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Fusion roadmapping

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The process of mapping a path to a commercial fusion reactor by planning a sequence of future machines.

Scientists meet to chart roadmap to fusion

The crucial next steps on the roadmap to developing fusion energy will be the focus of more than 70 top fusion scientists and engineers from around the world who will gather at the University of California-Los Angeles (UCLA) this month. The Oct. 15-18 session will kick off a series of annual workshops under the auspices of the International Atomic Energy Agency (IAEA) that will address key scientific and technological challenges facing countries developing fusion as a source of clean and abundant energy for producing electricity.

George H Neilson

George "Hutch" Neilson manages PPPL’s international stellarator and tokamak collaborations. In that context, he is program manager and national point-of-contact for U.S. collaborations with the Wendelstein 7-X stellarator experiment in Germany, and a project manager for coil-design collaborations with the JET tokamak experiment in Oxfordshire, UK.  Neilson also is the responsible manager for PPPL advanced design activities, and for planning for a next-generation experimental fusion facility, or DEMO, that is to precede a commercial fusion reactor.

Stewart Prager

Stewart Prager is the sixth director of PPPL. He joined the Laboratory in 2009 after a long career at the University of Wisconsin in Madison. At Wisconsin, he led research on the “Madison Symmetric Torus” (MST) experiment and headed a center that studied plasmas in both the laboratory and the cosmos. He also co-discovered the “bootstrap current” there—a key finding that has influenced the design of today’s tokamaks. He earned his PhD in plasma physics from Columbia University.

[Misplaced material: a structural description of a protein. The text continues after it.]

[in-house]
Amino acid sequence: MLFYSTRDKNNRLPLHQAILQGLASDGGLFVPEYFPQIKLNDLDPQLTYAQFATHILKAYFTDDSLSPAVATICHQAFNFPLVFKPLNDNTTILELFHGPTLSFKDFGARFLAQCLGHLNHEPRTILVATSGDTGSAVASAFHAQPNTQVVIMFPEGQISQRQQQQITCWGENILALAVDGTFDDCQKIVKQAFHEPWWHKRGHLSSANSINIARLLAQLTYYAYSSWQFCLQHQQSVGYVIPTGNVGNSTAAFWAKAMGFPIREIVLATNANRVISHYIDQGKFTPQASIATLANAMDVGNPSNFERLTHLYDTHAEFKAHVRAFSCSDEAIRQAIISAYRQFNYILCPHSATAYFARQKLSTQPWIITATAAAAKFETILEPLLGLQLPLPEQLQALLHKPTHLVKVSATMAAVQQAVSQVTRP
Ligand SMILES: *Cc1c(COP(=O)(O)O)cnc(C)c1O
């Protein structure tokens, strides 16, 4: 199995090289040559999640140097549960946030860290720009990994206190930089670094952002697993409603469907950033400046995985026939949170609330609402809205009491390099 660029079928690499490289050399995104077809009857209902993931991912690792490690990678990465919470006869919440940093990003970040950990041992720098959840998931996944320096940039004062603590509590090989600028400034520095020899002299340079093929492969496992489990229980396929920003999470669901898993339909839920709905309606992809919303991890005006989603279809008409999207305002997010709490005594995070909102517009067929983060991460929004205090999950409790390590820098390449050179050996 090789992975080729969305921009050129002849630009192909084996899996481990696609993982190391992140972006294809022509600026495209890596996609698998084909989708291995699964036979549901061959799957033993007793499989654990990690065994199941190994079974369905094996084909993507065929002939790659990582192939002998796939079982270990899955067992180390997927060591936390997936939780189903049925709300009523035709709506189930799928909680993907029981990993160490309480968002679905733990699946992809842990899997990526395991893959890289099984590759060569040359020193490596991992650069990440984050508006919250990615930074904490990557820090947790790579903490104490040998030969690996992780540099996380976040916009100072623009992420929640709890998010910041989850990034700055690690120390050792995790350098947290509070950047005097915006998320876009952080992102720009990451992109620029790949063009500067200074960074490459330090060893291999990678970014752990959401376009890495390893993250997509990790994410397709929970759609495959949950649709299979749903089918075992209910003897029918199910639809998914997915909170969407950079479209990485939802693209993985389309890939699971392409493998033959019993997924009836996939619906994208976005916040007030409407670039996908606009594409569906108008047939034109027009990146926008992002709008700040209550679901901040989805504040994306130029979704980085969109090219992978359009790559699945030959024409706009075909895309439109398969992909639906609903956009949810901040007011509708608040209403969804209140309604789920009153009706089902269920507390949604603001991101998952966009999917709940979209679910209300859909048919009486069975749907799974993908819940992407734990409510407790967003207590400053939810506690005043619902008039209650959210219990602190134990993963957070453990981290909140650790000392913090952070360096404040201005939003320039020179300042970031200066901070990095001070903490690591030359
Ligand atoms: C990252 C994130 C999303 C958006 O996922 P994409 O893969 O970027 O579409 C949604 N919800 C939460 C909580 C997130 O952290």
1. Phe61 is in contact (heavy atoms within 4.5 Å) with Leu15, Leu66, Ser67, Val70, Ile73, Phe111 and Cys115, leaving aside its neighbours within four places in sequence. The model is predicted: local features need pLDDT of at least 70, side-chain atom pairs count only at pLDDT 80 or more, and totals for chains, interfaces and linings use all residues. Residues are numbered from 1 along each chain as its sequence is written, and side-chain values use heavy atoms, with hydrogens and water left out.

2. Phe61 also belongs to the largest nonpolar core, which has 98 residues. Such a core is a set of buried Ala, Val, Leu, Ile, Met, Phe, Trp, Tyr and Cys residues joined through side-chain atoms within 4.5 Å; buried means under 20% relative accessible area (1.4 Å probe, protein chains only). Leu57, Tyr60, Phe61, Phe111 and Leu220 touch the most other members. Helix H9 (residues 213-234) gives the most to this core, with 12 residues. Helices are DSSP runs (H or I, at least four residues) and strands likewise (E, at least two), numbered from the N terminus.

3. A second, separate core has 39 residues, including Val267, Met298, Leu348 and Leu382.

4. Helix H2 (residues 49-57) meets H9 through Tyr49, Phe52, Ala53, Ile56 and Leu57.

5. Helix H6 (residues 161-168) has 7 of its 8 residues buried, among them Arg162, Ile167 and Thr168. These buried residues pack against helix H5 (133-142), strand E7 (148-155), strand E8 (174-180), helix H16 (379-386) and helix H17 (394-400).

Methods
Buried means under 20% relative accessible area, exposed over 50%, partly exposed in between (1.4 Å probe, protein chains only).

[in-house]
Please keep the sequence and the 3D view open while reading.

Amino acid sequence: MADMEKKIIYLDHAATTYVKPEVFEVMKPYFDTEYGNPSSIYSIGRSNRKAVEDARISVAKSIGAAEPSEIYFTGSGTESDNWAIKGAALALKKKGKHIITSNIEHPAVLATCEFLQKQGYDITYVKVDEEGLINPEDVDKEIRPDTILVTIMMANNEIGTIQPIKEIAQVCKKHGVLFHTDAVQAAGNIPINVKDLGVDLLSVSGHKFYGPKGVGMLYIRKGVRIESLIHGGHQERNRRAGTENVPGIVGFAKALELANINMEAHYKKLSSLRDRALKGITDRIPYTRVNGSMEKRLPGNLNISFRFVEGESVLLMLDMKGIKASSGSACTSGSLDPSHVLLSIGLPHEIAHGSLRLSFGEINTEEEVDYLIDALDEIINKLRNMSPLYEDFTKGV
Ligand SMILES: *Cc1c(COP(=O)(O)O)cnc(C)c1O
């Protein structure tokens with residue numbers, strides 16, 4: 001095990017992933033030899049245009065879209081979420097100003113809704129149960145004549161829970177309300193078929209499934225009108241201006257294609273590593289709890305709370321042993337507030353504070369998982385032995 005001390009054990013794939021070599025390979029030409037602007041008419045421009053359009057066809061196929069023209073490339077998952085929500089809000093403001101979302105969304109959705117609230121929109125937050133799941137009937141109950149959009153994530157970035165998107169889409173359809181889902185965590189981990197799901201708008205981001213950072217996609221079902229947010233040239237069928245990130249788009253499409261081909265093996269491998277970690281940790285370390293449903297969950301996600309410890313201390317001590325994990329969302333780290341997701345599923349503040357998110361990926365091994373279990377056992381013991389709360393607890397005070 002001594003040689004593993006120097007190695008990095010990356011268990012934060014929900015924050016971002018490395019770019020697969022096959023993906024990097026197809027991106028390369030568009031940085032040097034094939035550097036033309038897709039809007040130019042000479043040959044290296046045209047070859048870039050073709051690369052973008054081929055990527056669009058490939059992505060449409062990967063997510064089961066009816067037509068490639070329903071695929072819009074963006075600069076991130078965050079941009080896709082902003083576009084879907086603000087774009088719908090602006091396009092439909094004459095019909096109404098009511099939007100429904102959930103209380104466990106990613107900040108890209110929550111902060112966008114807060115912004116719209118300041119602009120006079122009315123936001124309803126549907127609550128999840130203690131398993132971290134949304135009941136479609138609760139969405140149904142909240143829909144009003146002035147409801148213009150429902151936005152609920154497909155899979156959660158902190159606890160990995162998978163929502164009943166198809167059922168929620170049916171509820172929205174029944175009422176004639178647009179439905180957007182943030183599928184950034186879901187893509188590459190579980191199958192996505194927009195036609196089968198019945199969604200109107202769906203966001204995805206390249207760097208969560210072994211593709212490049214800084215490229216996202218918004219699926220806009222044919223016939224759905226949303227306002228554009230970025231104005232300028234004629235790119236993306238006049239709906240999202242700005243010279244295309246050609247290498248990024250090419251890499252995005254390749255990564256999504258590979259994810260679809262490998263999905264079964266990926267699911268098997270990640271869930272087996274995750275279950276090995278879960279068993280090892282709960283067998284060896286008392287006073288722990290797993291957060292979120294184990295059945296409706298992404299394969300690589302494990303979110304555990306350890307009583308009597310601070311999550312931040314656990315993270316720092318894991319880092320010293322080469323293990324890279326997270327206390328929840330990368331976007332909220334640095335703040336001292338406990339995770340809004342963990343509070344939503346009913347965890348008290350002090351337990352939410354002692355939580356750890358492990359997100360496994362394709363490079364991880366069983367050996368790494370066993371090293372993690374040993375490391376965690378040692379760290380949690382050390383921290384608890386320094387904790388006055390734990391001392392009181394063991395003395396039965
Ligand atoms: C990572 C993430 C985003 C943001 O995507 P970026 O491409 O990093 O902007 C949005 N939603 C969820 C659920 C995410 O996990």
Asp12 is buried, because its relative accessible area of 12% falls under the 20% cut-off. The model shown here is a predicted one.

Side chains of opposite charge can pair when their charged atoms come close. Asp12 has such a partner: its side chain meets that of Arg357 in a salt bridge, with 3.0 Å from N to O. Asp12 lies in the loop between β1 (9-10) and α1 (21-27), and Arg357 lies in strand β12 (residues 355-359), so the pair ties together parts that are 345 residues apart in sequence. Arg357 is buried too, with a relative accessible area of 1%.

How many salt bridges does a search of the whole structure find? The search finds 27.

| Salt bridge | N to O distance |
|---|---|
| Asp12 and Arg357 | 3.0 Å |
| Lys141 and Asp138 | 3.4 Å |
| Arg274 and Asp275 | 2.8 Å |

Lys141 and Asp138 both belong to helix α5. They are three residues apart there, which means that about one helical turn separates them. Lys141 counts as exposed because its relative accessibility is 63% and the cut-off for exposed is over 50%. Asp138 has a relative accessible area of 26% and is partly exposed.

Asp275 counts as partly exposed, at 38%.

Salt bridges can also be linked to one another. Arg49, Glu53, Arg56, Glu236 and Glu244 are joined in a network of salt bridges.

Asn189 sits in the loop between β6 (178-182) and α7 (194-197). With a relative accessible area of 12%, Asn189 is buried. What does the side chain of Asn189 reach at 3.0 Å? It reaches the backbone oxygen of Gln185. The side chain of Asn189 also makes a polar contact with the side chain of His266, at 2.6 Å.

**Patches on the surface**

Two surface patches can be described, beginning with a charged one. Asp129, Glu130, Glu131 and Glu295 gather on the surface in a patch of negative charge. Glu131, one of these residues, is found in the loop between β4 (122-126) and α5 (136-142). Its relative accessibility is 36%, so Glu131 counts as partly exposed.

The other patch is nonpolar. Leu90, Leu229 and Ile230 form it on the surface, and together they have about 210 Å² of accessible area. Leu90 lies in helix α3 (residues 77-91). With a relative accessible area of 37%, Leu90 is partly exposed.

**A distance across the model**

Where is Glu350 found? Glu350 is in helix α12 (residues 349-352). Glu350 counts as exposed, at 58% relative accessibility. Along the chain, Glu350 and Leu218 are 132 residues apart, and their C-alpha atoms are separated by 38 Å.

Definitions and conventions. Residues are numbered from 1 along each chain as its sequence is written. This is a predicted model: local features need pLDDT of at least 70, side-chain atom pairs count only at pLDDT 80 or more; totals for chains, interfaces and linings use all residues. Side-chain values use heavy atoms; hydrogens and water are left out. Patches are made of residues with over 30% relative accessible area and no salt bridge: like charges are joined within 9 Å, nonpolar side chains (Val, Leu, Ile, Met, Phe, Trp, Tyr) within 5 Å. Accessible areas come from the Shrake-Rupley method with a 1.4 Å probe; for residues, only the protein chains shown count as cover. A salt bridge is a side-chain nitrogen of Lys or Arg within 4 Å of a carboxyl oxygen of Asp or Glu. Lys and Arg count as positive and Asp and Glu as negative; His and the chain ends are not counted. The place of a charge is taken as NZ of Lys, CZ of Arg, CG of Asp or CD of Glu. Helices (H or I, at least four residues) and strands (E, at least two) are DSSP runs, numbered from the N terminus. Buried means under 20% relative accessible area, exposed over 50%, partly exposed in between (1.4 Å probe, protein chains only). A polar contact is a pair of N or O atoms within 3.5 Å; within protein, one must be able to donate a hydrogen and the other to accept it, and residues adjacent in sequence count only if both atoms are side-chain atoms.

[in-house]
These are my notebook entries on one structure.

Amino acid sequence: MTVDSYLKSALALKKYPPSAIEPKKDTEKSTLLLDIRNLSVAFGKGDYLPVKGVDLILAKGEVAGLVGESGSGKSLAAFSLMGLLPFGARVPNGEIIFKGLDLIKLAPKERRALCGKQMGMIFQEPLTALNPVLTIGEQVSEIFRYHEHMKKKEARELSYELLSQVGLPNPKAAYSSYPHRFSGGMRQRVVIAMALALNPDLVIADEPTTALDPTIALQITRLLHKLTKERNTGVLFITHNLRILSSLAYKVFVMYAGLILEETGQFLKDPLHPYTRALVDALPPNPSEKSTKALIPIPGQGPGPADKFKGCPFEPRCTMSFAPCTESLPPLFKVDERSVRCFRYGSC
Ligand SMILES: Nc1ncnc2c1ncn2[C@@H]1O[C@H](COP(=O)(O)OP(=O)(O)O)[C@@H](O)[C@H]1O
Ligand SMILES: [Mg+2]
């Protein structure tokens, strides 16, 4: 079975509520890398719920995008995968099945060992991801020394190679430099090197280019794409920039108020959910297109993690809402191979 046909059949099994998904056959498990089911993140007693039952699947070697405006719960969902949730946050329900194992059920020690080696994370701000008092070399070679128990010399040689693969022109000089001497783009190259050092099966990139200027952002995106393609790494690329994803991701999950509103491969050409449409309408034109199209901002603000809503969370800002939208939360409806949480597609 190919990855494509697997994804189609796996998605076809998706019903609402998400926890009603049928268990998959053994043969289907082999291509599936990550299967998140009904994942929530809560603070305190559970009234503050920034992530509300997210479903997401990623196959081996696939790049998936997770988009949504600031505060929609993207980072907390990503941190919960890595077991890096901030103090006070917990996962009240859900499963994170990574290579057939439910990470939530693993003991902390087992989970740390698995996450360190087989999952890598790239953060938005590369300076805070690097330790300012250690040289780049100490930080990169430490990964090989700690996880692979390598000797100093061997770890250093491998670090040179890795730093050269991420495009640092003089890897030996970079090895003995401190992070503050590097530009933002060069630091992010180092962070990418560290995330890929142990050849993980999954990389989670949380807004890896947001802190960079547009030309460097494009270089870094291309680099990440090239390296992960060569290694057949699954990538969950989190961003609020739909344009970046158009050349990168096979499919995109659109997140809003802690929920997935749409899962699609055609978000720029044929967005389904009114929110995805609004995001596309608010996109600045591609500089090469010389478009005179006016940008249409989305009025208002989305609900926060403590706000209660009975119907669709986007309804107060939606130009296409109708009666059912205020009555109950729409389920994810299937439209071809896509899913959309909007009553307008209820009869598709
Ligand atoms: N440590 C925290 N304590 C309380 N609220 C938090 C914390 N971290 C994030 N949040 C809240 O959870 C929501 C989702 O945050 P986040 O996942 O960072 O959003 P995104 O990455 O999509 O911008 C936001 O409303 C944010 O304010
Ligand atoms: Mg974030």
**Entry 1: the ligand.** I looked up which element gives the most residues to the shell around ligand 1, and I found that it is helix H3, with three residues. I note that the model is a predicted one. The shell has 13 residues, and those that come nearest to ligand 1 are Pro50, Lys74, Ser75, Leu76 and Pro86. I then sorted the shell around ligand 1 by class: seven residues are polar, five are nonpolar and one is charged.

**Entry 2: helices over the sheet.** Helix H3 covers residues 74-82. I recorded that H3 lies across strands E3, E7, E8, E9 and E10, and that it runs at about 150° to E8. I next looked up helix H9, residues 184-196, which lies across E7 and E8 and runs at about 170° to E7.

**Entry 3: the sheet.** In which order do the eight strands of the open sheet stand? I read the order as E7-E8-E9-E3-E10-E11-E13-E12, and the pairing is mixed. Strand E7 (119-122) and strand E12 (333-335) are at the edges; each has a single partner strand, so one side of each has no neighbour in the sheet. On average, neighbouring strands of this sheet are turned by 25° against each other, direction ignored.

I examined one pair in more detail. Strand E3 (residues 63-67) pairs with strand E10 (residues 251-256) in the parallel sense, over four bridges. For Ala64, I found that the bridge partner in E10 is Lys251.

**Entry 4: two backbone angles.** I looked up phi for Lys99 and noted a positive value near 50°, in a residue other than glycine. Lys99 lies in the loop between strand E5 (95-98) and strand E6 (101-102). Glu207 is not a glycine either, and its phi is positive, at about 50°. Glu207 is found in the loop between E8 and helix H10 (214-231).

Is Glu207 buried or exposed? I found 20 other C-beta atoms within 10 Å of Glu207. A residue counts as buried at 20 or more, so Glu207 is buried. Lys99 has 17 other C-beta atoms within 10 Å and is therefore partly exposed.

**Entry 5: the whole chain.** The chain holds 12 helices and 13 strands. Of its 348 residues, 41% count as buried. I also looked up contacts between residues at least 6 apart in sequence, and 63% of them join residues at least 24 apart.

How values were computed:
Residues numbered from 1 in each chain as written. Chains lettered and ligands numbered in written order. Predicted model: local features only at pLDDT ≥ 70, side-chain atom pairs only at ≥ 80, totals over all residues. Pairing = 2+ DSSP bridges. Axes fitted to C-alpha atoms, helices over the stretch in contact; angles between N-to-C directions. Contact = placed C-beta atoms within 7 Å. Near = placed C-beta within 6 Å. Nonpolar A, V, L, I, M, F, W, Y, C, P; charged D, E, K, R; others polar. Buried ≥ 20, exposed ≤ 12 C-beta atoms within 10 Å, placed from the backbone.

Mission Statement

Fusion energy has the potential to provide an alternative energy supply to the United States as well as the world. As leaders of the American magnetic fusion energy community funded by the U.S. Department of Energy, we have a responsibility to inform the public on the progress of this quest. Since funds are limited, any communications must be prioritized so that the most benefit is received for the expenditure.

Fusion diagnostic developed at PPPL sheds light on plasma behavior at EAST

An instrument developed by researchers at the U.S. Department of Energy’s Princeton Plasma Physics Laboratory (PPPL) has enabled a research team at a fusion energy experiment in China to observe--in startling detail--how a particular type of electromagnetic wave known as a radiofrequency (RF) wave affects the behavior of hot ionized gas.

PPPL’s Hawryluk Named ITER Deputy Director-General

Richard Hawryluk, a senior scientist at the DOE Princeton Plasma Physics Laboratory (PPPL), has been appointed deputy director-general of the ITER Organization and director of its administration department. The ITER project, currently under construction in France, aims to demonstrate that fusion is an energy source of the future.
“Rich Hawryluk was the deputy director of the Princeton Plasma Physics Laboratory and has made an outstanding career in the field of fusion research,” said ITER Director-General Osamu Motojima.


U.S. Department of Energy
Princeton Plasma Physics Laboratory is a U.S. Department of Energy national laboratory managed by Princeton University.

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